While historical findings have proved music as a stress reliever and mood enhancer, a recent study reveals that low-intensity sounds impact specific brain circuits and cause pain relief.

Author: Abeer Fatima

The research led by scientists from China and US has outlined the activity of sound-induced brain circuits between thalamus and auditory cortex that play a pivotal role in subsiding pain. These recent findings have opened new doors to discovering more effective methods to manage acute and chronic pain in humans.

Different studies dating back to 60 years proved that music and other low-intensity sounds reduce acute and chronic pain in multiple diseases. To elaborate more, one research in 1960 concluded that music and low-intensity sounds helped alleviate pain in 5000 dental procedures. Since then, scientists have been speculating ways to better understand sound-induced analgesia. Today, music therapy is applied to counter stress, control mood swings, and attenuate post-operative and cancer pain. Despite all these historical findings, a complete neural circuit that reduces pain was yet to be identified, until now.

Uncovering the previous studies, we know that thalamus is a foundational center in the brain that receives pain signals and processes them to other parts of the cortex. Scientists from China hypothesized that thalamus might be the origin of pain signal processing. To further investigate, they induced inflammatory pain in mice and exposed them to three types of soft sounds: a piece of pleasant classical music, unpleasant classical music and white noise. Through several behavioral observations, viral tracing, microendoscopic calcium imaging, and multielectrode recordings, they identified a route from the auditory cortex (AC) to the thalamus that was active when the sound was played at 5 dB, about the level of the whisper. Surprisingly, they found that a lower-intensity sound relieves pain by inhibiting the glutamatergic inputs from the auditory cortex, which limits the pain signals to the thalamus.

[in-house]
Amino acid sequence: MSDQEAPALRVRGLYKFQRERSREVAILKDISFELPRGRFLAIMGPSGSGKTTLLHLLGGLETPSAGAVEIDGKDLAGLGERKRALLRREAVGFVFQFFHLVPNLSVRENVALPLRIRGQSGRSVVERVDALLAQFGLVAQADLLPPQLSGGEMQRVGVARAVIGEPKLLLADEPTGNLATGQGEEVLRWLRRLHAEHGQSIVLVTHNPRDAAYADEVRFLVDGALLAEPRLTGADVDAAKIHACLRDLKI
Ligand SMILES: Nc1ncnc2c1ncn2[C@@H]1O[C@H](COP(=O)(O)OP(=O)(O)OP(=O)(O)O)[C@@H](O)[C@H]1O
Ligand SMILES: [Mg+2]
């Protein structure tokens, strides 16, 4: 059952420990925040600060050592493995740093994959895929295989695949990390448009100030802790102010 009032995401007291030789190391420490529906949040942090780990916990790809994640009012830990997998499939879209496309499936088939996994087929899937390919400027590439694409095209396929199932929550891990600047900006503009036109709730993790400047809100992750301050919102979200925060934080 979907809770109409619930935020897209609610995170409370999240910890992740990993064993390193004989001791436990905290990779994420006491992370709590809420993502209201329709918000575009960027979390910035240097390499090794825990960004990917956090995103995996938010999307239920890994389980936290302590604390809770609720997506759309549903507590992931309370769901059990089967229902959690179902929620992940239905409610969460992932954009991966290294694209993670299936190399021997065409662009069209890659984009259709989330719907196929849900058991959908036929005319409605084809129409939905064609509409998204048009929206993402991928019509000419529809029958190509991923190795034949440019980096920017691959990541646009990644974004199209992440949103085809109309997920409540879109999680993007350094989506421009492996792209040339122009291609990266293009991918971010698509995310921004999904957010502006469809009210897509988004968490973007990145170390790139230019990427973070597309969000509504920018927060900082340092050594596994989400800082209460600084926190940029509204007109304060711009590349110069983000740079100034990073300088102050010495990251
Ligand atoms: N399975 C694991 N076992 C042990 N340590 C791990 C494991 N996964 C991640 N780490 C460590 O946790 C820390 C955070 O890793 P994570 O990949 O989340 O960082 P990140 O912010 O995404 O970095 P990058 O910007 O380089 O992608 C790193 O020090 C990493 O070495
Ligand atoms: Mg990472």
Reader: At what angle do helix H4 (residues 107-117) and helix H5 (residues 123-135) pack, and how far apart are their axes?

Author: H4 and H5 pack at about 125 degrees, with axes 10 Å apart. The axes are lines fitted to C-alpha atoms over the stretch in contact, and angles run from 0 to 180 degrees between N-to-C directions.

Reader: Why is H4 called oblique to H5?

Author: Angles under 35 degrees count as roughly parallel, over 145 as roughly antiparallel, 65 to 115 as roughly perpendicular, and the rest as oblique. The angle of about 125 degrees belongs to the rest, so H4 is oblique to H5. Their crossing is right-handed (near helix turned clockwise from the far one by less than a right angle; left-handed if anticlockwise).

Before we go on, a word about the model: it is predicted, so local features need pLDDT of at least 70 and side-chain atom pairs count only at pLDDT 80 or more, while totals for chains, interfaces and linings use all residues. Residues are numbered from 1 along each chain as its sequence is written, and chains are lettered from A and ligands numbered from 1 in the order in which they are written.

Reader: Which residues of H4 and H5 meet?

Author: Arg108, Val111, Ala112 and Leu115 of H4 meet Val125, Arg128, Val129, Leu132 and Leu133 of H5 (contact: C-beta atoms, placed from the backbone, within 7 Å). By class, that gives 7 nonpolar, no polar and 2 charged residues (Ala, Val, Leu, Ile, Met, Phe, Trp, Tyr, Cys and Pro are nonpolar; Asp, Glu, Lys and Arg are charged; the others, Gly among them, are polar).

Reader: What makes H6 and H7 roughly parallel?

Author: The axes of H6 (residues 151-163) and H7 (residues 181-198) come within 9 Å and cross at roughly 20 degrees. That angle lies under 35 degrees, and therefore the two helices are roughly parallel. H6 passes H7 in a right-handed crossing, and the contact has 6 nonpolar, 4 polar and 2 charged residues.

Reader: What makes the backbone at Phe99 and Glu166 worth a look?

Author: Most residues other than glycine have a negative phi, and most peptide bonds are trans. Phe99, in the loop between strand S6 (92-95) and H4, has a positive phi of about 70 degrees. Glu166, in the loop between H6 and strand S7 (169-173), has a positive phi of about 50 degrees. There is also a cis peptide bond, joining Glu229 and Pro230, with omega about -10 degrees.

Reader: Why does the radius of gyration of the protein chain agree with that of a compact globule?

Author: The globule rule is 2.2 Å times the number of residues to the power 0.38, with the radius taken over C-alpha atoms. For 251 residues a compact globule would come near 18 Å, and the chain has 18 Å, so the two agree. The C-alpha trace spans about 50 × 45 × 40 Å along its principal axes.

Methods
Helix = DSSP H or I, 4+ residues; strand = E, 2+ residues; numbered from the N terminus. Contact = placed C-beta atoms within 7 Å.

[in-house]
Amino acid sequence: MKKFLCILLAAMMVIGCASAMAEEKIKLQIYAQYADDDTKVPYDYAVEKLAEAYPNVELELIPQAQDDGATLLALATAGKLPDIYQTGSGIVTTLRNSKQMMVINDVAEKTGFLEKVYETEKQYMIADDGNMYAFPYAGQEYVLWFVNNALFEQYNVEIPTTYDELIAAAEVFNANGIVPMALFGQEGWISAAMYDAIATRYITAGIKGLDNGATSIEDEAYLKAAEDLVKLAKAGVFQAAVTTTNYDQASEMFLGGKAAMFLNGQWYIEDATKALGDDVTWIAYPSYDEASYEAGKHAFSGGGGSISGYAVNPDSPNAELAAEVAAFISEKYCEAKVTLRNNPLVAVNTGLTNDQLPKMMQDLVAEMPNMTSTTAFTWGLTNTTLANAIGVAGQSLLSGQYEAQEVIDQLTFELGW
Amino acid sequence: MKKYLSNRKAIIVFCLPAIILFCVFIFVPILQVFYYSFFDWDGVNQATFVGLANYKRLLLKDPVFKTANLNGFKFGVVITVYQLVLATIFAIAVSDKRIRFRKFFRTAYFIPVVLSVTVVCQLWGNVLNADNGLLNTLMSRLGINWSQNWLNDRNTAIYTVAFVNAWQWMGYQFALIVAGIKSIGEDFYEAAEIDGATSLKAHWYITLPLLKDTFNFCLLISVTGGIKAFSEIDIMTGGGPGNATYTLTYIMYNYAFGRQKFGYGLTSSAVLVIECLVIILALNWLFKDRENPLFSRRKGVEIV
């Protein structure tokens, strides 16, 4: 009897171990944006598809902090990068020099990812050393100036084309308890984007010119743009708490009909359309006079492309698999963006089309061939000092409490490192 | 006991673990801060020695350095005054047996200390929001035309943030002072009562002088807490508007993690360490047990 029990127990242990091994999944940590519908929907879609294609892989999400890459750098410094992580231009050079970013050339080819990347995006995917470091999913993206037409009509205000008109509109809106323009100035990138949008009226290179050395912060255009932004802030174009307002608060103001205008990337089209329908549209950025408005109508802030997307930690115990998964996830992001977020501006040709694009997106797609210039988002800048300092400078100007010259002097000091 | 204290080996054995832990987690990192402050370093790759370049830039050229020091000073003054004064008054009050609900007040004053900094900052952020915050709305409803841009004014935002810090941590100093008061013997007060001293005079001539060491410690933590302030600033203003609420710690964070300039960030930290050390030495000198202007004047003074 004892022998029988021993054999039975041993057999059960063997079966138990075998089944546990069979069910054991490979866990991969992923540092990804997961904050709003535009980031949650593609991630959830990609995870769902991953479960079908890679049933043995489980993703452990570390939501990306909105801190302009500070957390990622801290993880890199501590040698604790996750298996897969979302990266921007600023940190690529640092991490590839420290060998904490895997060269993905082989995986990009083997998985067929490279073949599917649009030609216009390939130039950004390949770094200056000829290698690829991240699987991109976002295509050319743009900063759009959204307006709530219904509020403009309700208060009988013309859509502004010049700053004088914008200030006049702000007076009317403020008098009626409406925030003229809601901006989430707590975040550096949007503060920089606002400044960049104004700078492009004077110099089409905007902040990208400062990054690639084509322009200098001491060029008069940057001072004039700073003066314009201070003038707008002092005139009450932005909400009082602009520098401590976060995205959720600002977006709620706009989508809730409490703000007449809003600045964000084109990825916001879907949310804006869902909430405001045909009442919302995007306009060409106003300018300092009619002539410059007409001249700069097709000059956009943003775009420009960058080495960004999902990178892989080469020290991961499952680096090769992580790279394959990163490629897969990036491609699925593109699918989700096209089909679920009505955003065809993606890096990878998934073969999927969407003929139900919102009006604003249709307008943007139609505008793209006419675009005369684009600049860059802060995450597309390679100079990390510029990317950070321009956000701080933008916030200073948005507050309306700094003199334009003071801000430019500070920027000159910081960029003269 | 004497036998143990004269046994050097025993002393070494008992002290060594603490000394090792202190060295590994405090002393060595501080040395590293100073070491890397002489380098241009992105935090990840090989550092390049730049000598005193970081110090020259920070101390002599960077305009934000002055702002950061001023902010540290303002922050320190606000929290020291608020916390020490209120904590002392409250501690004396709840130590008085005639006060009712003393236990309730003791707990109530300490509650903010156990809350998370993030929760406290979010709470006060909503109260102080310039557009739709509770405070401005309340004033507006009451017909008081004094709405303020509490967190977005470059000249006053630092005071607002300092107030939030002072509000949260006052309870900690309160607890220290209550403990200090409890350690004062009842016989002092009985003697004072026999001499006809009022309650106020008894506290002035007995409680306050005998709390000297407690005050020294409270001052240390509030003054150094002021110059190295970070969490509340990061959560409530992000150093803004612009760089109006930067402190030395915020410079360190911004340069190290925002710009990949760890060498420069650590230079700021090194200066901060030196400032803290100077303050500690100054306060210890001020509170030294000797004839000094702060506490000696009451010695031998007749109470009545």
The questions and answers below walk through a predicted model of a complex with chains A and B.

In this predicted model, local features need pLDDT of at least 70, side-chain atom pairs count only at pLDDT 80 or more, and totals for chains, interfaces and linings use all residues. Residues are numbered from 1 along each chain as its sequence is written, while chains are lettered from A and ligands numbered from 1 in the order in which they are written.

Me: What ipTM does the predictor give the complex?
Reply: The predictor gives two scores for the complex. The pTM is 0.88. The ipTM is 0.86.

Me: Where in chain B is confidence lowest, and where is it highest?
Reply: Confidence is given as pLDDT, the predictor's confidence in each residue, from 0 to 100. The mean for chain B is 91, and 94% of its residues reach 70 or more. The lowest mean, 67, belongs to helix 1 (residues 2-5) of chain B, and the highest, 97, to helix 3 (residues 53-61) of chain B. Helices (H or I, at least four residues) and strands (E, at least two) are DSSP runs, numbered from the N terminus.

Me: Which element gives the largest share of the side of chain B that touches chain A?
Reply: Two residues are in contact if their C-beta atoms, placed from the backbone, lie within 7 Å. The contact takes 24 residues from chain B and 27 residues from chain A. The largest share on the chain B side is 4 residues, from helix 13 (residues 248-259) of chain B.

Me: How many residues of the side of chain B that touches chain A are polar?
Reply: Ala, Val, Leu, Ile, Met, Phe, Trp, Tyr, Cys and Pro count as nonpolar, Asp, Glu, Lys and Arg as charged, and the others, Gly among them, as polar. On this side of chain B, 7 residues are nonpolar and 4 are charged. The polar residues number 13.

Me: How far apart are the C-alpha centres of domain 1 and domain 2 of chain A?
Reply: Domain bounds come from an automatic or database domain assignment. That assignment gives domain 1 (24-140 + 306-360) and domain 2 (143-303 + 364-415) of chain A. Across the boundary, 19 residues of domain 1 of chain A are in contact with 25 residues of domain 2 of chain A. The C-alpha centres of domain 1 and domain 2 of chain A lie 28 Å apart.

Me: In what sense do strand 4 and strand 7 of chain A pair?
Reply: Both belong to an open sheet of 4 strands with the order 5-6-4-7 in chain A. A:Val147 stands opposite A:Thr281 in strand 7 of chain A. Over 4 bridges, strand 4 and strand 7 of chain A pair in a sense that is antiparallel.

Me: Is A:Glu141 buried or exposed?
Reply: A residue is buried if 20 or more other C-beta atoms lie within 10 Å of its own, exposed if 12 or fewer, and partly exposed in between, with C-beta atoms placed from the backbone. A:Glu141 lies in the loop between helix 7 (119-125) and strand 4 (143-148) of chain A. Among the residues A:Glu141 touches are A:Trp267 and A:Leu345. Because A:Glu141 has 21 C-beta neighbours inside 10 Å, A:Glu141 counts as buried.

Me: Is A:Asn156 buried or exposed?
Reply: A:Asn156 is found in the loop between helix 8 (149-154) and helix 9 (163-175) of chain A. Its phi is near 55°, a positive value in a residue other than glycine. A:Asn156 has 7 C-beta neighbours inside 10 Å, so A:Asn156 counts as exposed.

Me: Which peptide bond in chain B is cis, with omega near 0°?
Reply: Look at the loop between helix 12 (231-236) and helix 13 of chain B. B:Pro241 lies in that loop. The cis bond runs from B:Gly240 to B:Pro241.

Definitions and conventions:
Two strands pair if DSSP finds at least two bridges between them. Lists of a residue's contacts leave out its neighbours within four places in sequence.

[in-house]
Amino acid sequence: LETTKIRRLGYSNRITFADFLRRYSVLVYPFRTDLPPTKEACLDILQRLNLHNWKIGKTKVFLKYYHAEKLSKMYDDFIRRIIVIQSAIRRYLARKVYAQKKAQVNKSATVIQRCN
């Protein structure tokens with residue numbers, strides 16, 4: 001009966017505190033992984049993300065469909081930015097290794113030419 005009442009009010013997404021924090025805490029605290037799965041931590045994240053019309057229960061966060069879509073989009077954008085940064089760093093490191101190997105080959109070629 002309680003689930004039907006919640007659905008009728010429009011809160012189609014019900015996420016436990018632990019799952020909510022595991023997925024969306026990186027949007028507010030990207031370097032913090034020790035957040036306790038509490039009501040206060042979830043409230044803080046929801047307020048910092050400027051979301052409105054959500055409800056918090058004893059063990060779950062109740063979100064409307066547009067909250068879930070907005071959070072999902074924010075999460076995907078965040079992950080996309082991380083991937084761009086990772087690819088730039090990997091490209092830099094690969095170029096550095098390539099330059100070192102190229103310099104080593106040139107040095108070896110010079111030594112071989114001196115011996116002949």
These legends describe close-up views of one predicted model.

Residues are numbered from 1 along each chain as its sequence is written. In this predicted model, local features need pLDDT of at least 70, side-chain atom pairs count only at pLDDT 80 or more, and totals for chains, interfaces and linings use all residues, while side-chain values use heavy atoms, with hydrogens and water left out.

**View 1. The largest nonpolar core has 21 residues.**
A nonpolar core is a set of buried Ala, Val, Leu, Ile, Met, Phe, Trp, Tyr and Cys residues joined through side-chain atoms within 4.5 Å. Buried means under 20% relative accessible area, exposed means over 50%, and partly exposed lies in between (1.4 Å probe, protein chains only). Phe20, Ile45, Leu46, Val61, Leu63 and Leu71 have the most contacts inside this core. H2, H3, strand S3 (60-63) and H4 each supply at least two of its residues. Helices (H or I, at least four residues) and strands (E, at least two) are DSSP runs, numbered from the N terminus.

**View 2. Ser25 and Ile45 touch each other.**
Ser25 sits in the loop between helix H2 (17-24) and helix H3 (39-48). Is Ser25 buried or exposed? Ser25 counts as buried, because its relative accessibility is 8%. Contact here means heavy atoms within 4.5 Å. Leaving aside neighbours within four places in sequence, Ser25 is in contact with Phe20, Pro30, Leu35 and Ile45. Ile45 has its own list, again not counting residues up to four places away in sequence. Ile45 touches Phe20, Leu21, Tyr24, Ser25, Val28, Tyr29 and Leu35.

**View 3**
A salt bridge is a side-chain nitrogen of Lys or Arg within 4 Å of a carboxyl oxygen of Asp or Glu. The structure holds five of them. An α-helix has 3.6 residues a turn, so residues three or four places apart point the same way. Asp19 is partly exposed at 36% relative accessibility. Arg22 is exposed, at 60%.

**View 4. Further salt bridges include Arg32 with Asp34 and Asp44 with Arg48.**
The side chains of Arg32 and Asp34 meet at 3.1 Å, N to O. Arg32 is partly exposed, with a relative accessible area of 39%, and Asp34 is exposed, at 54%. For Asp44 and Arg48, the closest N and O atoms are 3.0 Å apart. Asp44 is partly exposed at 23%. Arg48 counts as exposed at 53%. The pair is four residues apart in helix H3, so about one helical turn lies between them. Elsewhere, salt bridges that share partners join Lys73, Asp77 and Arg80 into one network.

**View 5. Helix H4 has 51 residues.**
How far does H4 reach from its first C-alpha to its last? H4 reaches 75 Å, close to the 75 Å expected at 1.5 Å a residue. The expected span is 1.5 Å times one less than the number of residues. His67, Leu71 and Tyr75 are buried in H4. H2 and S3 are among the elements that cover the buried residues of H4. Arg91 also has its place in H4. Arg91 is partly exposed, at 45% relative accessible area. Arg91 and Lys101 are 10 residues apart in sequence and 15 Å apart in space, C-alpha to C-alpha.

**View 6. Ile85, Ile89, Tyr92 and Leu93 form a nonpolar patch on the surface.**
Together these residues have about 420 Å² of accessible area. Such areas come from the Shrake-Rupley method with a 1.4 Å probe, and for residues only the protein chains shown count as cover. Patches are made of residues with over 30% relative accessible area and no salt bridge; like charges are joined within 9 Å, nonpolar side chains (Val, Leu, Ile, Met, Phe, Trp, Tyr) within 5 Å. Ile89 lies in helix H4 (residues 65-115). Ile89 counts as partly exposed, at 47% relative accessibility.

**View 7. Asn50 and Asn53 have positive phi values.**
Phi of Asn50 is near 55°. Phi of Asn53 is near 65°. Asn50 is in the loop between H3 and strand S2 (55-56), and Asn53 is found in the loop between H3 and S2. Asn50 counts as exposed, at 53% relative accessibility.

Sound-induced pain relief by lowering the neuronal activity in thalamus (Credits:

To trace the neural connections, they injected non-infectious viruses with red fluorescent proteins. They observed that with low-intensity sounds, the thalamic region became dense with red fluorescence. The team implanted several multielectrode in mice’s brains. After repeating the experiments multiple times, the imaging revealed that pain signals were specifically diminished between the auditory cortex and thalamic posterior and ventral posterior nuclei. To confirm, they artificially blocked the connections between thalamus and AC using light and small-molecule-based techniques. Consequently, the mice again felt less pain.

According to National Institutes of Health, the NIDCR director Rena D’Souza stated, ‘’By uncovering the circuitry that mediates the pain-reducing effects of sound in mice, this study adds critical knowledge that could ultimately inform new approaches for pain therapy.’’

Modulating pain in humans is not as easy as it seems. Not only does it require technical interventions but also a sound knowledge of pain regulatory mechanisms. Studies like these confer a better understanding of pain-modulating mechanisms and neural processes.

In light of this study, scientists can ultimately explore safer alternative therapies for pain management. However, pain perception in humans is slightly different than in animals, leaving some questions unanswered. Further studies can be designed to monitor thalamic circuits through MRI scans in humans by playing low-intensity sounds. While scientists need to determine whether animal findings apply to humans or not, they also need to investigate the type of sounds that contribute to human pain relief. Some sounds, such as loud bashing or high-pitched sounds, can trigger headaches or even intensify pain, especially migraines. Therefore, researchers need to explore the effects of different sounds on the human brain through advanced technology and conclude safer sounds with controlled intensities that induce analgesia.



About the author: Abeer Fatima is a Pharmacy student at Salim Habib University. She is an aspiring content writer whose major interest lies in medicine, science and technology.

By Jamshed Arslan

Pharm D (gold medalist); PhD (Neuropharmacology) Skilled in basic and clinical research and scientific writing, with over a decade of teaching and research experience.